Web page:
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TEK: Government Platform provides solid basis for education and RDI, but labour market issues are precarious

News article

The new Government Programme recognizes the importance of education, competence, and research, development and innovation activities. However, the Programme does not appear to be in balance when it comes to labour market issues, putting not only employees but also local cooperation in a precarious position.

The Academic Engineers and Architects in Finland TEK commends the Government Programme for recognizing the importance of high-level competence and education and for not making cuts in education. The future success of Finland also relies on the upcoming Government to undertake to increase the share of RDI investments to four percent of the gross domestic product, as agreed in a parliamentary process.

“But money is not enough on its own, because RDI activities require highly educated professionals. In addition to tapping the Finnish pool of talent, this also means increasing work-based immigration. The measures to tighten immigration in the Government Programme do not make sense from this perspective,” says Jari Jokinen, CEO of the Academic Engineers and Architects in Finland TEK.

“I also think that the Government's investment programme is important, as it aims to create conditions for sustainable growth for all of Finland in the decades ahead.”

The Government Programme aims to implement a proactive approach and promises to make extensive use of the expertise of the scientific community. 

“It’s good to see that the Programme has, in part, turned its gaze further into the future and promises to build a vision of a common, thriving Finland. This vision represents the kind of country we want to build for future generations,” says Jokinen.

The Government Programme recognises the importance of high-level competence and education.

The Government Platform also includes a fairly extensive package of reforms in working life, which will essentially put employees and local cooperation in a precarious position. The position of employees would be weakened for example by shortening the period of notice for lay-offs, removing the obligation to provide a reason for fixed-term employment, making the first sick day unpaid, removing the re-employment obligation from companies with fewer than 50 employees and significantly increasing the scope of application of the Co-operation Act.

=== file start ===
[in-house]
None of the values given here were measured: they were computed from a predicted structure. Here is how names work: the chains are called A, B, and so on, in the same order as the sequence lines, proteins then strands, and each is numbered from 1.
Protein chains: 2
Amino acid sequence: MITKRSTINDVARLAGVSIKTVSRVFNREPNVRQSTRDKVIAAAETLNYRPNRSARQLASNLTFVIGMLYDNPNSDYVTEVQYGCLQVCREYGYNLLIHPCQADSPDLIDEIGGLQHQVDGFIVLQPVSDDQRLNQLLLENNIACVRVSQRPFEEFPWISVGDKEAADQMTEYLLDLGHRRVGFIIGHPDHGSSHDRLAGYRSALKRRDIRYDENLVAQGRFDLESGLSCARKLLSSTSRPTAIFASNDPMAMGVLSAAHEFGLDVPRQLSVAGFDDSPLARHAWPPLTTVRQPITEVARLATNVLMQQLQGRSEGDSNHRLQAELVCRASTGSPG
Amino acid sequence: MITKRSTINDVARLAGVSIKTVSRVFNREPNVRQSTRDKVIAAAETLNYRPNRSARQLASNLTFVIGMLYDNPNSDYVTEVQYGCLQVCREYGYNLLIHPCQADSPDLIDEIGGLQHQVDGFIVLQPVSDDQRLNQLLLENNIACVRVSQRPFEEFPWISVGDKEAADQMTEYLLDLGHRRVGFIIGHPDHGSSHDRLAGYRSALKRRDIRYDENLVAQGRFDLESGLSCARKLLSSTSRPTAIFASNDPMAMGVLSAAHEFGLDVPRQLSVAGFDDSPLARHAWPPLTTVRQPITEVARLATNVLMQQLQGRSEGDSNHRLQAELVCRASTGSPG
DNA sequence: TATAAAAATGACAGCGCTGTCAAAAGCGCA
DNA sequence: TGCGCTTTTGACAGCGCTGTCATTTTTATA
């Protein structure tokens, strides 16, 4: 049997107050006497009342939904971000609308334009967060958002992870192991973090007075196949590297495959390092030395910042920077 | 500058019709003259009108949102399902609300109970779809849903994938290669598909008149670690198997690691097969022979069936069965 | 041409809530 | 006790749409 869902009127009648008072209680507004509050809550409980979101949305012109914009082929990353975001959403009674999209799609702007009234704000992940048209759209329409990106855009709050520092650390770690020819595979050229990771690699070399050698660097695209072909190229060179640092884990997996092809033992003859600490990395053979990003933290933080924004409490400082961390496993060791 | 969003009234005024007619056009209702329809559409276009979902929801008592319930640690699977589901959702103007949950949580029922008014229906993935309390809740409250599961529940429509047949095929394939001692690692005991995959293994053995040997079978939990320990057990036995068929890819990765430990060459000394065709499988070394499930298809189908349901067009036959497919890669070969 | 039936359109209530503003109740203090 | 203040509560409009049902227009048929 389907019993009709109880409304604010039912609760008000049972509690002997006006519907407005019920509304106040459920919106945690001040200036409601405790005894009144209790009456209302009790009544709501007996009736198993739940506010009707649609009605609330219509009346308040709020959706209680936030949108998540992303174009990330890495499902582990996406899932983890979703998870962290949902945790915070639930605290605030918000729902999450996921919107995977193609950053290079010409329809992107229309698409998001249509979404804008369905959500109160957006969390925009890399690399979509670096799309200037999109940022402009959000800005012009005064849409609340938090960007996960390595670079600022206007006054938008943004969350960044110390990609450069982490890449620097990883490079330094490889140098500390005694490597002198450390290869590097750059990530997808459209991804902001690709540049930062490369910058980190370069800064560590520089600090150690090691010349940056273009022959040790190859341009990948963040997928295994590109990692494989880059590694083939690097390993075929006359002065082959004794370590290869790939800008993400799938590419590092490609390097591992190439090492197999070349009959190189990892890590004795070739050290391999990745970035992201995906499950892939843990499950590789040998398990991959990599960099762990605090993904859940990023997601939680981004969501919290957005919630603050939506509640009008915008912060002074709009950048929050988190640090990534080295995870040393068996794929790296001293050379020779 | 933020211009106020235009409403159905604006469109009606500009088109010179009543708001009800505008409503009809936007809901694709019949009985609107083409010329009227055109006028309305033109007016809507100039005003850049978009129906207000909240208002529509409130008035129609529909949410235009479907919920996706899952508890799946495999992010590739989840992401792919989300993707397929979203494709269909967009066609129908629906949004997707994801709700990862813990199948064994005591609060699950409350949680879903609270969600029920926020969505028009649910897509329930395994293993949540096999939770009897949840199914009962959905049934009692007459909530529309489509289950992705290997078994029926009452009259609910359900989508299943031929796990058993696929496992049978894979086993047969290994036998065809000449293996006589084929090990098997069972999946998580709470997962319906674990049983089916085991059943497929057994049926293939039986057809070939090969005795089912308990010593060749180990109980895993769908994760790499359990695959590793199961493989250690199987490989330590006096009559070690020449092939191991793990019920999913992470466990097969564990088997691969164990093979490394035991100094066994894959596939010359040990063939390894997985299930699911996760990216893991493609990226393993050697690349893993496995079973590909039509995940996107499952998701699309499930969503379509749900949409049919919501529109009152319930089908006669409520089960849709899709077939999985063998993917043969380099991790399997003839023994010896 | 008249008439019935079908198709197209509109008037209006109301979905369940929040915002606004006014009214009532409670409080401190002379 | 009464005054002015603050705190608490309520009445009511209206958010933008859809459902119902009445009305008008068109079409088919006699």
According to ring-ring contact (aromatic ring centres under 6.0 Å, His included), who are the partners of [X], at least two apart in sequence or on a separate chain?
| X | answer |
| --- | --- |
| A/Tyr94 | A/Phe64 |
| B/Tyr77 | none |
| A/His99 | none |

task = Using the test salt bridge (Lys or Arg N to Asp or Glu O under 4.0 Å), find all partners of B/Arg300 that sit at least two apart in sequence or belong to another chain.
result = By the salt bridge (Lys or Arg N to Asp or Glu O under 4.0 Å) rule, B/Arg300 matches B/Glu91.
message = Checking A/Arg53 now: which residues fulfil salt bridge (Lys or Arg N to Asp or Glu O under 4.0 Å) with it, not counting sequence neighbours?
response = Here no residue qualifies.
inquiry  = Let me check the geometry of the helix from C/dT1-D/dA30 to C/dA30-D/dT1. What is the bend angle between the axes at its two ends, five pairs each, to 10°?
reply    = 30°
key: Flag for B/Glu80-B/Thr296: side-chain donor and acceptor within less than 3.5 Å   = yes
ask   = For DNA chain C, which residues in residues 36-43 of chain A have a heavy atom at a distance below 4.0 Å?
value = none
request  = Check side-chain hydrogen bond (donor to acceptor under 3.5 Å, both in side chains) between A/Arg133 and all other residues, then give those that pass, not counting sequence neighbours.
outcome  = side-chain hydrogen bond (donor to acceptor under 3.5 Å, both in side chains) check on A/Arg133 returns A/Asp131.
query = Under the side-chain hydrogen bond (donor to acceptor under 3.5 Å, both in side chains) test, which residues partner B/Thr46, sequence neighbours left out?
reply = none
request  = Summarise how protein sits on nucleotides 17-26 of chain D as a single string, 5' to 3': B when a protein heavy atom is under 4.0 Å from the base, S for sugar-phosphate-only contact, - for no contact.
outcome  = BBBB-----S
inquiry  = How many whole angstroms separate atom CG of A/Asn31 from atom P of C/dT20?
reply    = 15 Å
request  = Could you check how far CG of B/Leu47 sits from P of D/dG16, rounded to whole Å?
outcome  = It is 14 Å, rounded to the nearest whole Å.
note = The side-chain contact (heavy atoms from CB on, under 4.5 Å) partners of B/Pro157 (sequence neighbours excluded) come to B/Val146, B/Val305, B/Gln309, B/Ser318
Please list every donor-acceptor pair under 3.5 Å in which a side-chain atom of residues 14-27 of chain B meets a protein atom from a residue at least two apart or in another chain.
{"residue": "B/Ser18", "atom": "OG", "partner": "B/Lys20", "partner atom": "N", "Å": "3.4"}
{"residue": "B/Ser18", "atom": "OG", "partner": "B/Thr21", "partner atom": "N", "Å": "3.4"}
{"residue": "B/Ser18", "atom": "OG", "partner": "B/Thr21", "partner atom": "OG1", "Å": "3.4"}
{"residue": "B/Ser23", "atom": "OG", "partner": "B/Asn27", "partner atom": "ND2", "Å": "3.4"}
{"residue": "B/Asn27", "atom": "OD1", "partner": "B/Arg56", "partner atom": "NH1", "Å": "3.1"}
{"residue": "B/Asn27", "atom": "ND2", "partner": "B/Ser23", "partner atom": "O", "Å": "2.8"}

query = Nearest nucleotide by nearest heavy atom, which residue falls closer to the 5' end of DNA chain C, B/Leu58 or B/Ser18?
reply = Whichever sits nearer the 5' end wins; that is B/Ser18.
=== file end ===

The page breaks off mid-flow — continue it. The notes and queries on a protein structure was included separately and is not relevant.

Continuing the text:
TEK's Labour Market Director Teemu Hankamäki notes that, at first glance, it appears that the Government Programme is not in balance when it comes to labour market issues.

“Especially the measures to weaken cooperation at workplaces are downright inconsistent with the extension of local bargaining, which can also be found in the Government Programme. In addition, I could not help but notice the intention to push through mandatory provisions so that not even a collective agreement could be used to negotiate conditions that are more advantageous for the employee. This limits the freedom of contract of unions,” Hankamäki points out.

At first glance, it appears that the Government Programme is not in balance when it comes to labour market issues.
- Teemu Hankamäki

Local bargaining would be increased by allowing non-unionized workplaces to negotiate different terms of employment. Local bargaining would be permitted regardless of whether or not the company is a member of an employers’ association and regardless of the type of representation system the employees have in the company.

“Extending local bargaining can, as such, be considered a desirable goal, but I fear that in practice this extension will be implemented at the expense of the employees’ bargaining position. I do, however, consider it a positive thing that the role and capacity of the Labour Court in resolving any disputes has been emphasized,” says Hankamäki.